Book review: Order of Darkness Volumes I-III by Philippa Gregory

Order of Darkness volumes I-III by Phillipa Gregory

‘Order of Darkness Volumes I – III’ by Philippa Gregory (The Other Boleyn Girl) offers up plenty of historical action for a young adult audience.

From a writer best known for her popular historical novels featuring real-life figures, Order of Darkness volumes I-III by Philippa Gregory bring medieval adventure to a teen audience. Now compiled into a paperback containing the first three novels of the series, the tale follows a cast of her own creations as they venture through 15th century Europe – a place ripe with dangerous potential, where Christendom is threatened by the advance of the Ottoman Empire and the Holy Roman Church fears that the end of the world is imminent.

The first instalment, Changeling, begins the story of Luca Vero. A novice monk from Rome, whose sharp intellect and instinct to question finds him accused of heresy. Expelled from his monastery, Luca is recruited as a papal inquirer and despatched to investigate spiritual and mystical occurrences – anything which may be a sign of the impending End of Days.

Travelling with his only friend Frieze, the monastery’s charismatic kitchen boy, and under the watchful eye of Brother Peter, a reticent monk who acts as their clerk, their first task brings them into the life of the Lady of Lucretili. A young and recently orphaned noblewoman, Isolde has been cheated of her inheritance and found herself trapped in the role of Abbess at a convent, together with Ishraq – her capable Arabic childhood companion. Resolving a conspiracy at the abbey – a clever plot which kept us guessing – the four youngsters move on together with Brother Peter in tow. Their next stop sees them unravel the mystery of a werewolf which menaces a small village, and the girls prove their worth – setting the pattern for the adventures to come.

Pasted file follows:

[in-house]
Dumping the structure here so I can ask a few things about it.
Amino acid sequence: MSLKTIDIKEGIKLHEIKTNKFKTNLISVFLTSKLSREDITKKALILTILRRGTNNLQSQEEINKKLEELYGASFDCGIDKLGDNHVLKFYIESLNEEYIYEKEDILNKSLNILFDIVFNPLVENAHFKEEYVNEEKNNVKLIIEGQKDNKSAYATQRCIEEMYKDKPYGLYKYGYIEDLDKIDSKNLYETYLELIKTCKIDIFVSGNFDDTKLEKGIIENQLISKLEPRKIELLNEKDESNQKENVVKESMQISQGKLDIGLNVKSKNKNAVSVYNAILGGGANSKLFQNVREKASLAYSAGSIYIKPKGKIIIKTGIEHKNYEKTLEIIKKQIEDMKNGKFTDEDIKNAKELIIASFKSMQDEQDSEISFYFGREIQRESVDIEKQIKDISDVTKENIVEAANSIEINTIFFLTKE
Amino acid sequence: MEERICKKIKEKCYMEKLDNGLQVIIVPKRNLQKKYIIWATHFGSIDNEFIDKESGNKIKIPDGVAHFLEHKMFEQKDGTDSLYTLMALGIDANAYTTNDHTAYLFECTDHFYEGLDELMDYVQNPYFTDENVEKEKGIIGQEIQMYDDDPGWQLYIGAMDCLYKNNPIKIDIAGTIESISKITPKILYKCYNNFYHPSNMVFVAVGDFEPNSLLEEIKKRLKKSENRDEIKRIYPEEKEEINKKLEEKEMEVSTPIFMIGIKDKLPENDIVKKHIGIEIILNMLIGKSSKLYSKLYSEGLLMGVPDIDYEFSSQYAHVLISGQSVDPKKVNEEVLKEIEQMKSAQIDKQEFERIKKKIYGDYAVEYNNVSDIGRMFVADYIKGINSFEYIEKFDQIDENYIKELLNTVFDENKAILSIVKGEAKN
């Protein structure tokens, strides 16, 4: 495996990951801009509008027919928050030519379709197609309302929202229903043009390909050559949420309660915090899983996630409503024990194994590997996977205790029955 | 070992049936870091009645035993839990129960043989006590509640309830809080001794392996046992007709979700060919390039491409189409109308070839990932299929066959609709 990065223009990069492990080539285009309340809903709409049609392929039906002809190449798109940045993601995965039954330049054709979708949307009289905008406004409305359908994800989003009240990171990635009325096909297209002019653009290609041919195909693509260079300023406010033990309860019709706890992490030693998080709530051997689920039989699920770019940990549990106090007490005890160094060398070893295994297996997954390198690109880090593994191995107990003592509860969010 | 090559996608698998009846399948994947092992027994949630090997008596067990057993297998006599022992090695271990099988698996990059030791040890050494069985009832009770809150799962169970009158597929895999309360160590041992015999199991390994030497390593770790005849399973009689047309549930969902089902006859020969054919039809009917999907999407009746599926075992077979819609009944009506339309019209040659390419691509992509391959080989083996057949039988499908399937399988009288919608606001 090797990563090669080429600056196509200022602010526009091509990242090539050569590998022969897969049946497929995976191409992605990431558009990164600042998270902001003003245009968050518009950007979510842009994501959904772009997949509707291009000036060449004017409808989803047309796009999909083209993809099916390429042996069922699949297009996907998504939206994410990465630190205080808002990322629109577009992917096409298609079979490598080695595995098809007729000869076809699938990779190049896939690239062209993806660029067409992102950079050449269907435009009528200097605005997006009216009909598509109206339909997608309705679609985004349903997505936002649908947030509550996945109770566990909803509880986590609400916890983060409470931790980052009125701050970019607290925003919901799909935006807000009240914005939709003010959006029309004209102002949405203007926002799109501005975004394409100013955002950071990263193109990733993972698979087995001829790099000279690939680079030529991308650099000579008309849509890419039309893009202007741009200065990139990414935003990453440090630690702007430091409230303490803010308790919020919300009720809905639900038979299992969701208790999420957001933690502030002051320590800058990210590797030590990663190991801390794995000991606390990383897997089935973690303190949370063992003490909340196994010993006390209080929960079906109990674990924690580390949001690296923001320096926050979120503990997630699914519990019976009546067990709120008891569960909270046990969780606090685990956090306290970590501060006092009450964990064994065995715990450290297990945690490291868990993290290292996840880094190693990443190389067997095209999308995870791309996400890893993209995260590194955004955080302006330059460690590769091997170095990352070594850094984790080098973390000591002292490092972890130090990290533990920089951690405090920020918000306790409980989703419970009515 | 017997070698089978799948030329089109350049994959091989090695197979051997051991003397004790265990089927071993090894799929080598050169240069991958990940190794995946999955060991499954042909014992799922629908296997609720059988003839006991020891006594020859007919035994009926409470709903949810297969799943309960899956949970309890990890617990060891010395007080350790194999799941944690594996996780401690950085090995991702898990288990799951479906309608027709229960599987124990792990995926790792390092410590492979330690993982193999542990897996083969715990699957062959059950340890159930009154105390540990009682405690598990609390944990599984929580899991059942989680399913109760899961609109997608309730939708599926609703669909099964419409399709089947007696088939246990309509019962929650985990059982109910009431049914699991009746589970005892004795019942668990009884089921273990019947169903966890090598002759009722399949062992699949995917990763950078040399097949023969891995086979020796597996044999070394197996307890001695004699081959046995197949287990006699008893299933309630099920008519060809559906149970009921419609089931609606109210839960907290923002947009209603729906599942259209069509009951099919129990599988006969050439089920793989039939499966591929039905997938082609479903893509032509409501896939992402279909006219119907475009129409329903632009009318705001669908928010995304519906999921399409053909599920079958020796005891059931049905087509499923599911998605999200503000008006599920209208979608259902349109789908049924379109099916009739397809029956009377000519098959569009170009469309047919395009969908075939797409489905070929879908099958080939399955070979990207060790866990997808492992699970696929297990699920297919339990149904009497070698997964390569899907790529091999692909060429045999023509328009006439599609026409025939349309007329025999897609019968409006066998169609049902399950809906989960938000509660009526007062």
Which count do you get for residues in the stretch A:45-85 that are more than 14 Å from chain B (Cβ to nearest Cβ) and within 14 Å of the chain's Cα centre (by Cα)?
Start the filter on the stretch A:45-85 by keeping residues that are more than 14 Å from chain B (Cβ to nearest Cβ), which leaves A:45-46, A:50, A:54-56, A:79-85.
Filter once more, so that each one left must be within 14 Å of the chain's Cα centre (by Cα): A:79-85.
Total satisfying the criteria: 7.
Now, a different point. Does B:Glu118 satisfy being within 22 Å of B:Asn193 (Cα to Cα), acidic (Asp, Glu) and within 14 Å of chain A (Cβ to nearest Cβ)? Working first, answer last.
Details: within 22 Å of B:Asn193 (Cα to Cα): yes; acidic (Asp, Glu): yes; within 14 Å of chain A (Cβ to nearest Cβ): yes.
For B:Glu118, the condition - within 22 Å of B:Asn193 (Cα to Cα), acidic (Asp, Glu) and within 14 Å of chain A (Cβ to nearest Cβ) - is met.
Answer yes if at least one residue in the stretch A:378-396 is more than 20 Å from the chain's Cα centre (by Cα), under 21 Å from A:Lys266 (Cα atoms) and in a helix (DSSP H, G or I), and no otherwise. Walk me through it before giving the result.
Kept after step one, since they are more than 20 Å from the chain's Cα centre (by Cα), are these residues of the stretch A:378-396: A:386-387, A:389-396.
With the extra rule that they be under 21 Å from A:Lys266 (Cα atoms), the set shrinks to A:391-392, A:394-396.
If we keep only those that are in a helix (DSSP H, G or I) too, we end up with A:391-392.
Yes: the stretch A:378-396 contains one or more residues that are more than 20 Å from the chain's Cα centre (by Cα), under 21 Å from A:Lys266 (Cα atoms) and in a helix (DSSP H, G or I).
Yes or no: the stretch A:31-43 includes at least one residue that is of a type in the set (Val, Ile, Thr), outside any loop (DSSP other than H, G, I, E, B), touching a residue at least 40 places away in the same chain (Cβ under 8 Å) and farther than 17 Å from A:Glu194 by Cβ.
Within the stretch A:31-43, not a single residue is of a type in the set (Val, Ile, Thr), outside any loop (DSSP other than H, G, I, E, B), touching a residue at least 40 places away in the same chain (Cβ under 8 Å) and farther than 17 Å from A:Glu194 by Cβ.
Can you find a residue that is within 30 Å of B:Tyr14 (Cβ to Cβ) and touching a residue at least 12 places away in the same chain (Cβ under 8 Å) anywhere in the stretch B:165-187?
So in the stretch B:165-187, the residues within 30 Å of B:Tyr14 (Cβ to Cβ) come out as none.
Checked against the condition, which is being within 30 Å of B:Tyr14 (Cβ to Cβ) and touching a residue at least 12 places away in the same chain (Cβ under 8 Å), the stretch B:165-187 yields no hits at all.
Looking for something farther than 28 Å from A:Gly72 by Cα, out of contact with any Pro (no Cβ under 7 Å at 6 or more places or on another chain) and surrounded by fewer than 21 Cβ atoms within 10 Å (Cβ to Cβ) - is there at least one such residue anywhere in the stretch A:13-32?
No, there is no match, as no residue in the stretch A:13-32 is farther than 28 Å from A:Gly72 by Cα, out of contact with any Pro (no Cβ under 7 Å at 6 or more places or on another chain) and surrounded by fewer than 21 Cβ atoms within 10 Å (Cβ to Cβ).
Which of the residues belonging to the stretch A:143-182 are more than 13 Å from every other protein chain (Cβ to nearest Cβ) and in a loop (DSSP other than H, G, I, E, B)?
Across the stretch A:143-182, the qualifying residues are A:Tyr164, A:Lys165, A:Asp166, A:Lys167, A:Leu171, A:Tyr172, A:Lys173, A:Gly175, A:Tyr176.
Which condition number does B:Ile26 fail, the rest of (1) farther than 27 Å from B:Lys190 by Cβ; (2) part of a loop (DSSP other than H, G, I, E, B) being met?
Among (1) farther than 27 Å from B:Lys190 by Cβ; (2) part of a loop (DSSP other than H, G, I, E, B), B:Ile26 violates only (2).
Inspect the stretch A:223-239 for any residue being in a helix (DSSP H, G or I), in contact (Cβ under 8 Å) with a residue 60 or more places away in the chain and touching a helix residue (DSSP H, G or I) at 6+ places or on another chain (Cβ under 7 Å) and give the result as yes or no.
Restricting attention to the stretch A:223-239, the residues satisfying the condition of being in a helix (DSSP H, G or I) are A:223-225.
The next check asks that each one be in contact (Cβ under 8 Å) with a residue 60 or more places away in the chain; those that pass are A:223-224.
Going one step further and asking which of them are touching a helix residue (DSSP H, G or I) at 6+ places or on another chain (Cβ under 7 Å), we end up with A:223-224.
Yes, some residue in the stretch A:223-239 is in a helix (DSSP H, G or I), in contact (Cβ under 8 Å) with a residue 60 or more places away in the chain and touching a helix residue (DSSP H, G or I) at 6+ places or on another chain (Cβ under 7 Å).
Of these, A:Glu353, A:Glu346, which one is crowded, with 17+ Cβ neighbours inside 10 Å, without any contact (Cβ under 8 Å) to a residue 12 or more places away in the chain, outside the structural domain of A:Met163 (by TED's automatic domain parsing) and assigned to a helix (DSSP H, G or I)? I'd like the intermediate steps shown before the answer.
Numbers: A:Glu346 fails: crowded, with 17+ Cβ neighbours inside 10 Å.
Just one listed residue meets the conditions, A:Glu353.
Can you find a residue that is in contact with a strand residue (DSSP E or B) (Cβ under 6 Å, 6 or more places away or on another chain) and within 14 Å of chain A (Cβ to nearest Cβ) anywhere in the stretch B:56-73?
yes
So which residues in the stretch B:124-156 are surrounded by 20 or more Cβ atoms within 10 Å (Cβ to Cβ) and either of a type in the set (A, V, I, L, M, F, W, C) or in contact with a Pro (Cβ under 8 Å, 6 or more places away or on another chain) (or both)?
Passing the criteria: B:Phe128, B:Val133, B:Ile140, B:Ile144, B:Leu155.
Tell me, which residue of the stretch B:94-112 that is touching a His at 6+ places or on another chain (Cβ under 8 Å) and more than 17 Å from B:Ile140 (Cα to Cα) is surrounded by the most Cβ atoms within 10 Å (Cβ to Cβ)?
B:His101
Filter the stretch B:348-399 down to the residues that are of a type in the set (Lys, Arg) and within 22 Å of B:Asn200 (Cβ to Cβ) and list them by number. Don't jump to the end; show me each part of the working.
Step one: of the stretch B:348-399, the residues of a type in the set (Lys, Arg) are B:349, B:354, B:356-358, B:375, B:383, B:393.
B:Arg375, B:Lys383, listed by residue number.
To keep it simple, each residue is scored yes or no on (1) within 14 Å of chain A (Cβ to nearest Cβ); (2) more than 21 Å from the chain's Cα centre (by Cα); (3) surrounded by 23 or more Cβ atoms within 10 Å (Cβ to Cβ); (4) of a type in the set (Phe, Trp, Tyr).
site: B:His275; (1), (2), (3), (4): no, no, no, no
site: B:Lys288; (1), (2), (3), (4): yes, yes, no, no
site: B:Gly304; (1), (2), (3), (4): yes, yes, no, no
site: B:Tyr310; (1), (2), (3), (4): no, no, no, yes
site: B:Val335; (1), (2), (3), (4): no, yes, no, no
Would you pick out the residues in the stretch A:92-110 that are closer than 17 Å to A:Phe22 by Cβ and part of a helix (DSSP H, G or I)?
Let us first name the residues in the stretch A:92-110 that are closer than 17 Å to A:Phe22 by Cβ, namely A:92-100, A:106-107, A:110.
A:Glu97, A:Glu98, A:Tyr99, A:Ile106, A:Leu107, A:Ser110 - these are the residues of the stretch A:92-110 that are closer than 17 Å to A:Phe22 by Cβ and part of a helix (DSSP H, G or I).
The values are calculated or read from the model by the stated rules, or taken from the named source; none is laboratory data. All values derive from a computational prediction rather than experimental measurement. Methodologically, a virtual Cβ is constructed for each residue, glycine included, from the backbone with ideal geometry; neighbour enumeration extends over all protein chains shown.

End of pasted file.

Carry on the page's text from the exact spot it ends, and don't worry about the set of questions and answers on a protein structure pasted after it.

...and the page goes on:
The second novel Stormbringers sees the travellers at a fishing port, dealing with a seven hundred strong pilgrimage of children led by a young goatherd who has all the hallmarks of sainthood. In the third, Fool’s Gold, they masquerade as a rich family in Venice, tasked with tracking down the source of an influx of gold coins.

Each of the three tales are cleverly constructed and deftly walked the line between the rational and the supernatural, allowing us to puzzle out the mystery alongside the heroes. All four of the young characters are well crafted and pleasingly diverse, with their strengths played upon as they are frequently paired in different combinations.

Given their ages and positions, there comes plenty of emotional content too, with forbidden attractions and social graces to be both adhered to and challenged – especially during the excesses of the carnival time in Venice where passions run high. Of the four though, our favourite is easily Frieze; the general factotum, horse-whisperer and down to earth anchor to the group who has an eye for the ladies and an easy charm.

Driven by Luca’s innate thirst for knowledge, combined with Ishraq’s education, there was plenty of opportunity for the author to drop some scientific detail among the historical colour; we learned how to surreptitiously pan for gold, considered what causes a tsunami and looked into both the properties of light and the process of alchemy as we journeyed with the group.

Across 850 pages, we were quickly drawn in and highly entertained by these tales, which satisfy individually, but also are building a background mystery tied to the greater historical events of the time. With a fourth adventure on the horizon for next year, we look forward to seeing if Isolde can reclaim her heritage and Luca will be reunited with his family – if they survive the interest of their Ottoman foes and the enemies closer to home, that is!

@IanMcArdell

 

 

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